The closely matched chasing pack of Rossi, Jack Miller, Fabio Quartararo, Alex Rins, Maverick Vinales and Dovizioso were separated by under two tenths.

    Australian Miller claimed his third front row of the season to celebrate his new deal with Pramac Racing, while Quartararo had been quickest in practice but fell short in Q2, later explaining a warning alarm for an unspecified technical problem hampered him.

    The French rookie said: "The first row I think yes [was possible], because we are [0.010s behind] and in this lap I made many mistakes. 

    "From the second sector of my first lap I had an alarm on my dashboard. I decided to finish my lap and then go to the box to check the problem. We had to change the bike and didn't have time to change the tyre. But we have a good pace and we'll give everything."


    Hopes of a good home result lie with LCR Honda's Cal Crutchlow, but he endured a poor qualifying session, crashing at Stowe while on his final flying lap.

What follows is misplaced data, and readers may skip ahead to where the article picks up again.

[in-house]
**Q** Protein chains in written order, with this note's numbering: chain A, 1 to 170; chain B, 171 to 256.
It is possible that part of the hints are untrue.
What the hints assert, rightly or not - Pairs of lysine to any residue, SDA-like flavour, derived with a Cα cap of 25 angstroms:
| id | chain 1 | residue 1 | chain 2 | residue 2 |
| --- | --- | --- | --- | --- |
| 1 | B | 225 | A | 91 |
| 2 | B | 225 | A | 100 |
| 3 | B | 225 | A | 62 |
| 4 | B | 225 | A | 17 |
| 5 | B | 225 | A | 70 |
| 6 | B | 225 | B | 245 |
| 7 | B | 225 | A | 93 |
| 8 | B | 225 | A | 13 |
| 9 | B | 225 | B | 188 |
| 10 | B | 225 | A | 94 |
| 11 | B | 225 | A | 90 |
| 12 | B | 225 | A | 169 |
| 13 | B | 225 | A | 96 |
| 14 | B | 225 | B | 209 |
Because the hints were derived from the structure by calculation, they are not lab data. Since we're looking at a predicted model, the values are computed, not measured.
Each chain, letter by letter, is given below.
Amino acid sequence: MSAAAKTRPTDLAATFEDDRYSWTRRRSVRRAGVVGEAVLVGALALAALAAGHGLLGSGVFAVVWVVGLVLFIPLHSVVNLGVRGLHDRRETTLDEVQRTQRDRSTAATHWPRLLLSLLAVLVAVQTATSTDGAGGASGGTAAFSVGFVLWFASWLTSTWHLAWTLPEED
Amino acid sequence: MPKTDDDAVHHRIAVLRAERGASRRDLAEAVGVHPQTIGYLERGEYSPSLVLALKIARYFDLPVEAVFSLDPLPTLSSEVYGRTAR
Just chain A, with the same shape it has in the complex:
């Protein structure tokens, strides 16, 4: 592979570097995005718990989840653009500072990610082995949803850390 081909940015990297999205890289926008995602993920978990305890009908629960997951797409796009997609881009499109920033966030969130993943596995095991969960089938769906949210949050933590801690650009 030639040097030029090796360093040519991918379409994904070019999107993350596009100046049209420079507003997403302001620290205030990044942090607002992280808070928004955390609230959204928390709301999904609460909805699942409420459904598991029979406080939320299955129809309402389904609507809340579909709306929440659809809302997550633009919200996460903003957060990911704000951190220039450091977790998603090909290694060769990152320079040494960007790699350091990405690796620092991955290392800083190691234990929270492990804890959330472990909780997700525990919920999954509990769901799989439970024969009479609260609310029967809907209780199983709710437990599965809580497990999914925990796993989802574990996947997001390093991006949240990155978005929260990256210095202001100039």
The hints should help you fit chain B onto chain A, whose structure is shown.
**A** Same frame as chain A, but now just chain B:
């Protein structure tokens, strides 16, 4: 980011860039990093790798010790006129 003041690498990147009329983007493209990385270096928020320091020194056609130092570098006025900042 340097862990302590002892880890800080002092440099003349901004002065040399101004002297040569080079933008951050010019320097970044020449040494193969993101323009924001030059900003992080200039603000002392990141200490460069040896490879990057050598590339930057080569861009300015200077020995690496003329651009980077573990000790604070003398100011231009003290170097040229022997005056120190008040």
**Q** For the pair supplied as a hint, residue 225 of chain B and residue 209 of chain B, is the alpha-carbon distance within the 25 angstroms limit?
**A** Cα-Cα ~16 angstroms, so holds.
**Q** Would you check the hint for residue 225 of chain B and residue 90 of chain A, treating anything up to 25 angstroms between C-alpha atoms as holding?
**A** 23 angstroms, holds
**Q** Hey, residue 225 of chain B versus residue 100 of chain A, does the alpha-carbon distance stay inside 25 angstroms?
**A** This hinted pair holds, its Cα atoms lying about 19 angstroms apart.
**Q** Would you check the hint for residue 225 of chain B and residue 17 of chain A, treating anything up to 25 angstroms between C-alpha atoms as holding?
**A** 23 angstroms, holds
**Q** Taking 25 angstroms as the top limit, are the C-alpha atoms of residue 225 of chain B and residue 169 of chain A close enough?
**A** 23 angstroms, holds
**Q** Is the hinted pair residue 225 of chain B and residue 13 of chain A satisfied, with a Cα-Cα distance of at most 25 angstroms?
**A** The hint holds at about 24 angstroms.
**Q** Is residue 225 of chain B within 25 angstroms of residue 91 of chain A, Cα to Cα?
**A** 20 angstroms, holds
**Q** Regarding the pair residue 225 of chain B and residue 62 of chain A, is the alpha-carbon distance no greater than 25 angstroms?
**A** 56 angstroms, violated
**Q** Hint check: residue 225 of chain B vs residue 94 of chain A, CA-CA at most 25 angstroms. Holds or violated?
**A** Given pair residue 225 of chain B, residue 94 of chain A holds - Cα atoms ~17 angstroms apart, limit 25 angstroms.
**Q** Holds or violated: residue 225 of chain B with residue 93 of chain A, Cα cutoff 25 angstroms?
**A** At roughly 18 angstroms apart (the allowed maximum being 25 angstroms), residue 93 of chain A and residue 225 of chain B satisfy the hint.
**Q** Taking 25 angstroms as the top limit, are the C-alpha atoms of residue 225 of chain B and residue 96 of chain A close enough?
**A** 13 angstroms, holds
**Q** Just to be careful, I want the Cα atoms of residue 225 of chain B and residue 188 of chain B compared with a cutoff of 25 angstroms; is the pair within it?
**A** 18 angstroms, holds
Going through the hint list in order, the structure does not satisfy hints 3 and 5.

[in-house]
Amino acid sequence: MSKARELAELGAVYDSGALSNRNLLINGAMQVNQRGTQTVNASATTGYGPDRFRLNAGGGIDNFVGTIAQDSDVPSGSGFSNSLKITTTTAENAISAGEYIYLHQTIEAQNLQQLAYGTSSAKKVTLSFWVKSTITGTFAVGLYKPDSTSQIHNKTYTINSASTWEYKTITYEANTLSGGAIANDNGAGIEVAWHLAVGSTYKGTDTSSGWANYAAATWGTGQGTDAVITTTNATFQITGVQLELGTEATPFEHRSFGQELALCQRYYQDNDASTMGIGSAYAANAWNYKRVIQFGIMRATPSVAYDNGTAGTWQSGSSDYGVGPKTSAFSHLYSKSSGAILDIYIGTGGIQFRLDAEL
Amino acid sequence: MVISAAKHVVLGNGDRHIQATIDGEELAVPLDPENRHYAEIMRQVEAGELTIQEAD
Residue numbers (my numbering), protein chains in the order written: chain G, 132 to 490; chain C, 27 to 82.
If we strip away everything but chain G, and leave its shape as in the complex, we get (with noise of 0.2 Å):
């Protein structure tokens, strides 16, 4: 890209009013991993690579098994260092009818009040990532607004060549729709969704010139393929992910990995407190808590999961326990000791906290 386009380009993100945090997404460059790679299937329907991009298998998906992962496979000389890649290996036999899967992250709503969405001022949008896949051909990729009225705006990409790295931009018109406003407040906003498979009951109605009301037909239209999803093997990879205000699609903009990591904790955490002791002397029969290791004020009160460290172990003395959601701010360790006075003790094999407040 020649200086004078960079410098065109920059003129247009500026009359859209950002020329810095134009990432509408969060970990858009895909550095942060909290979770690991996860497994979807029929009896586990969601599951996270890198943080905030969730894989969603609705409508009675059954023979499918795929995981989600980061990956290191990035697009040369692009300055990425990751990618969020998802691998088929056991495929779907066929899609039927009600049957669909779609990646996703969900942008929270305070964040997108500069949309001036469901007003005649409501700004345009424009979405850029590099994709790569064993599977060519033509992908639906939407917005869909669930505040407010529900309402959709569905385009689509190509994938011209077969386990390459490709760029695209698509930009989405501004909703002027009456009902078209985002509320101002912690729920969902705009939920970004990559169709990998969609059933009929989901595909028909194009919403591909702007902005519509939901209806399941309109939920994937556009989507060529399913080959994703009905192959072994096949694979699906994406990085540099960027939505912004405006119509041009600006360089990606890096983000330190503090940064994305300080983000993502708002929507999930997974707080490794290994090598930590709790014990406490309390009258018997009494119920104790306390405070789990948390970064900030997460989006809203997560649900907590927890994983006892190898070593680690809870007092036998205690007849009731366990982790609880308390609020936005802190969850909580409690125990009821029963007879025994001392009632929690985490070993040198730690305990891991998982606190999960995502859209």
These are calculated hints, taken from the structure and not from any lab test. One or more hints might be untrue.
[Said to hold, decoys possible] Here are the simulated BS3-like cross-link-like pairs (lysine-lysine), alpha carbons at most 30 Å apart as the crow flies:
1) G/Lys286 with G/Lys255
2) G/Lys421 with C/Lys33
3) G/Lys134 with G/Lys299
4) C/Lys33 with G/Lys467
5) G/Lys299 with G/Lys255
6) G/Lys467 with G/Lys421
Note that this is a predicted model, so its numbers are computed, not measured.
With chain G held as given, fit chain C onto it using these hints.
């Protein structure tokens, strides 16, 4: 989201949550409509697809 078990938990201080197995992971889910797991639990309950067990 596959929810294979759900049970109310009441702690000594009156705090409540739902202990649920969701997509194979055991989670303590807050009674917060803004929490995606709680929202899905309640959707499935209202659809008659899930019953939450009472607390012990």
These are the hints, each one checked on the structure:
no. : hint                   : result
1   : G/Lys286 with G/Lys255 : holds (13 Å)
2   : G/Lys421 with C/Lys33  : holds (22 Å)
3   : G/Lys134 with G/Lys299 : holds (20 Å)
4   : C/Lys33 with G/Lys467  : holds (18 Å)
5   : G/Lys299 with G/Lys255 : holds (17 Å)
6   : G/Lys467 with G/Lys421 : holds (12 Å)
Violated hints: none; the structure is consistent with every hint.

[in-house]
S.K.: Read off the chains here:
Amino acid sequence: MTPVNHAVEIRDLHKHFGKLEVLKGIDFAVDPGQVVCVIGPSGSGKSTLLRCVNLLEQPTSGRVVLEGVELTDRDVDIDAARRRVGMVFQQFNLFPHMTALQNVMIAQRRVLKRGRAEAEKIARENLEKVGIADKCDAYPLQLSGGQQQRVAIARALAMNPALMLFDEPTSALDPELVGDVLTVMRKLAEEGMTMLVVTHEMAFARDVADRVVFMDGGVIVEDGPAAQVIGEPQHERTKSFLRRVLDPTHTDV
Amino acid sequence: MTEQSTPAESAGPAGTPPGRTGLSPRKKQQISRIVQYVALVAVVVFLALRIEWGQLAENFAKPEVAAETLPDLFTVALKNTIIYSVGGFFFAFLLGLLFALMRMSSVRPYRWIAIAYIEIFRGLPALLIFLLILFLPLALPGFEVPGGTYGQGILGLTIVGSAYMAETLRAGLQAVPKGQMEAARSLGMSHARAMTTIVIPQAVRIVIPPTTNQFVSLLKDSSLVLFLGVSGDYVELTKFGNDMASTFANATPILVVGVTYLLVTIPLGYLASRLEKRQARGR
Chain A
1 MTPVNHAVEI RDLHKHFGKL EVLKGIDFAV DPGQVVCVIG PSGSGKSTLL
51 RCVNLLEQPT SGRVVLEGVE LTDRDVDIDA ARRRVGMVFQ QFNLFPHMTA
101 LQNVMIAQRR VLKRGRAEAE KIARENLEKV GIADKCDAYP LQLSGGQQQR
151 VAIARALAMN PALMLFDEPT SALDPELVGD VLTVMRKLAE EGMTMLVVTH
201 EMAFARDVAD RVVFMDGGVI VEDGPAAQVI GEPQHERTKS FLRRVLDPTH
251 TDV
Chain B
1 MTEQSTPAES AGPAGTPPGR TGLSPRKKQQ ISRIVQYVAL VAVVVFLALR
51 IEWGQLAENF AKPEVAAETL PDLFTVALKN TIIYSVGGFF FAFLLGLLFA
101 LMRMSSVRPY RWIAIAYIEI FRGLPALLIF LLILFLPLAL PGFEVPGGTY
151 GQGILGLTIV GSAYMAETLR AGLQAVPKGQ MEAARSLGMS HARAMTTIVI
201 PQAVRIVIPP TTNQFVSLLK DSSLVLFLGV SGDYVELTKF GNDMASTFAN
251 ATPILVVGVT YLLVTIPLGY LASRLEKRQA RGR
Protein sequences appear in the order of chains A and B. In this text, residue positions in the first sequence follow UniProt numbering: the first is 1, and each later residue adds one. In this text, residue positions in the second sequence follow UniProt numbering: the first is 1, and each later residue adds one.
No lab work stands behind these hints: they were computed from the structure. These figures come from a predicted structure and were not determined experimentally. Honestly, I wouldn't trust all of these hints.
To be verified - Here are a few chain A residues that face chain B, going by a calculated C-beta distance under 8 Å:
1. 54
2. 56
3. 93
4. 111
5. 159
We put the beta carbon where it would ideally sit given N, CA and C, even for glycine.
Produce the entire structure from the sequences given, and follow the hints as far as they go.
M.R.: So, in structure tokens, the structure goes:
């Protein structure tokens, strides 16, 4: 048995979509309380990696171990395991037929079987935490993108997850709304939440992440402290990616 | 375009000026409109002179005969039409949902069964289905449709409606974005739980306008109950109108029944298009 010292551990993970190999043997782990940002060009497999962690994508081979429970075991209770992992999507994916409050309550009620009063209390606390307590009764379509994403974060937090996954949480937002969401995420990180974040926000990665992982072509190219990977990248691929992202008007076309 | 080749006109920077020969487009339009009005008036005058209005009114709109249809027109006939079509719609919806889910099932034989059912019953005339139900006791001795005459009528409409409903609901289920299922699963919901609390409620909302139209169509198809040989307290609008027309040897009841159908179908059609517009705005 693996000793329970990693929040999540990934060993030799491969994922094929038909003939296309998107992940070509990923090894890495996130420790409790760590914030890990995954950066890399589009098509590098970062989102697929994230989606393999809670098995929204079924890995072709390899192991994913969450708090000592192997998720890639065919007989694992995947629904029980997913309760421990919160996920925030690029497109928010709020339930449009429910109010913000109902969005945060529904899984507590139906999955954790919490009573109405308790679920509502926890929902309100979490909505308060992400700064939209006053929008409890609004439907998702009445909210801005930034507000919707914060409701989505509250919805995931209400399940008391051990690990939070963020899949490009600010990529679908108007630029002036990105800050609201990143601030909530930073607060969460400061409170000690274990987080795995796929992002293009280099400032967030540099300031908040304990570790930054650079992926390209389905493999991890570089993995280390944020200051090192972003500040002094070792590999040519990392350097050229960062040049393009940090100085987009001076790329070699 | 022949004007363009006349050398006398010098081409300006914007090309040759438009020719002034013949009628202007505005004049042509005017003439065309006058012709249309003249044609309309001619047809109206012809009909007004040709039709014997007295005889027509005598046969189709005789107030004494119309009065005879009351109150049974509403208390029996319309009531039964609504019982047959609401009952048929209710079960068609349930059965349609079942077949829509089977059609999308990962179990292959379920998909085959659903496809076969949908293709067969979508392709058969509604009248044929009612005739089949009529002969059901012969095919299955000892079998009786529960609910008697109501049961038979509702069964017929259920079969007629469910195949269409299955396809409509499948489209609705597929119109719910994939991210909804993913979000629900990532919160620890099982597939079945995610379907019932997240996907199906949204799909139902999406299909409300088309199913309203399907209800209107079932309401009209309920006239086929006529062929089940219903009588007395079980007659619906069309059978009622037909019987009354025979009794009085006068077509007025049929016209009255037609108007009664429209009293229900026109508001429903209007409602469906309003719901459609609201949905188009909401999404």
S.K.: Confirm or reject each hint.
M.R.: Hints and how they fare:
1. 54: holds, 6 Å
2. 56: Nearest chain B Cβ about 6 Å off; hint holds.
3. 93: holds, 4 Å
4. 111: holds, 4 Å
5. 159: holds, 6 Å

That left him ninth on the grid, his worst Silverstone performance since 2014, with plenty of work to do to do in his 150th race as he looks to bounce back from a retirement in Austria.

    "Bit of an amateur mistake to be honest, braked a bit too deep," Crutchlow said of his crash. "We looked on the data afterwards and I was so close to pulling it down, and if I would have pulled it down, I would have gained a big chunk of time.

    "That was why I committed to the corner, because I knew how deep I'd braked, I knew I had to be smoother and not lock the rear, because it would have sent me on anyway, but I committed to it.

    "On my actual timed lap I lost three tenths in one corner, that would have put me into the 1:58s. This is the way it is. I can't complain, I did the mistake myself and that's it. It's what happens when you push."


    1. Marc Marquez (Repsol Honda)
    2. Valentino Rossi (Monster Energy Yamaha)
    3. Jack Miller (Pramac Racing)
    4. Fabio Quartararo (Petronas Yamaha)
    5. Alex Rins (Suzuki Ecstar)
    6. Maverick Vinales (Monster Energy Yamaha)
    7. Andrea Dovizioso (Ducati)
    8. Franco Morbidelli (Petronas Yamaha)
    9. Cal Crutchlow (LCR Honda)
    10. Takaaki Nakagami (LCR Honda)
    11. Danilo Petrucci (Ducati)
    12. Aleix Espargaro (Aprilia Racing)


    2018: No race due to poor weather
    2017: Andrea Dovizioso
    2016: Maverick Vinales (for Suzuki)
    2015: Valentino Rossi



    1. Marc Marquez (Repsol Honda) 230
    2. Andrea Dovizioso (Ducati) 172 (-58)
    3. Danilo Petrucci (Ducati) 136 (-94)
    4. Alex Rins (Suzuki Ecstar) 124 (-106)
    5. Valentino Rossi (Monster Energy Yamaha) 103 (-127)


    1. Ducati 308
    2. Repsol Honda 259 (-49)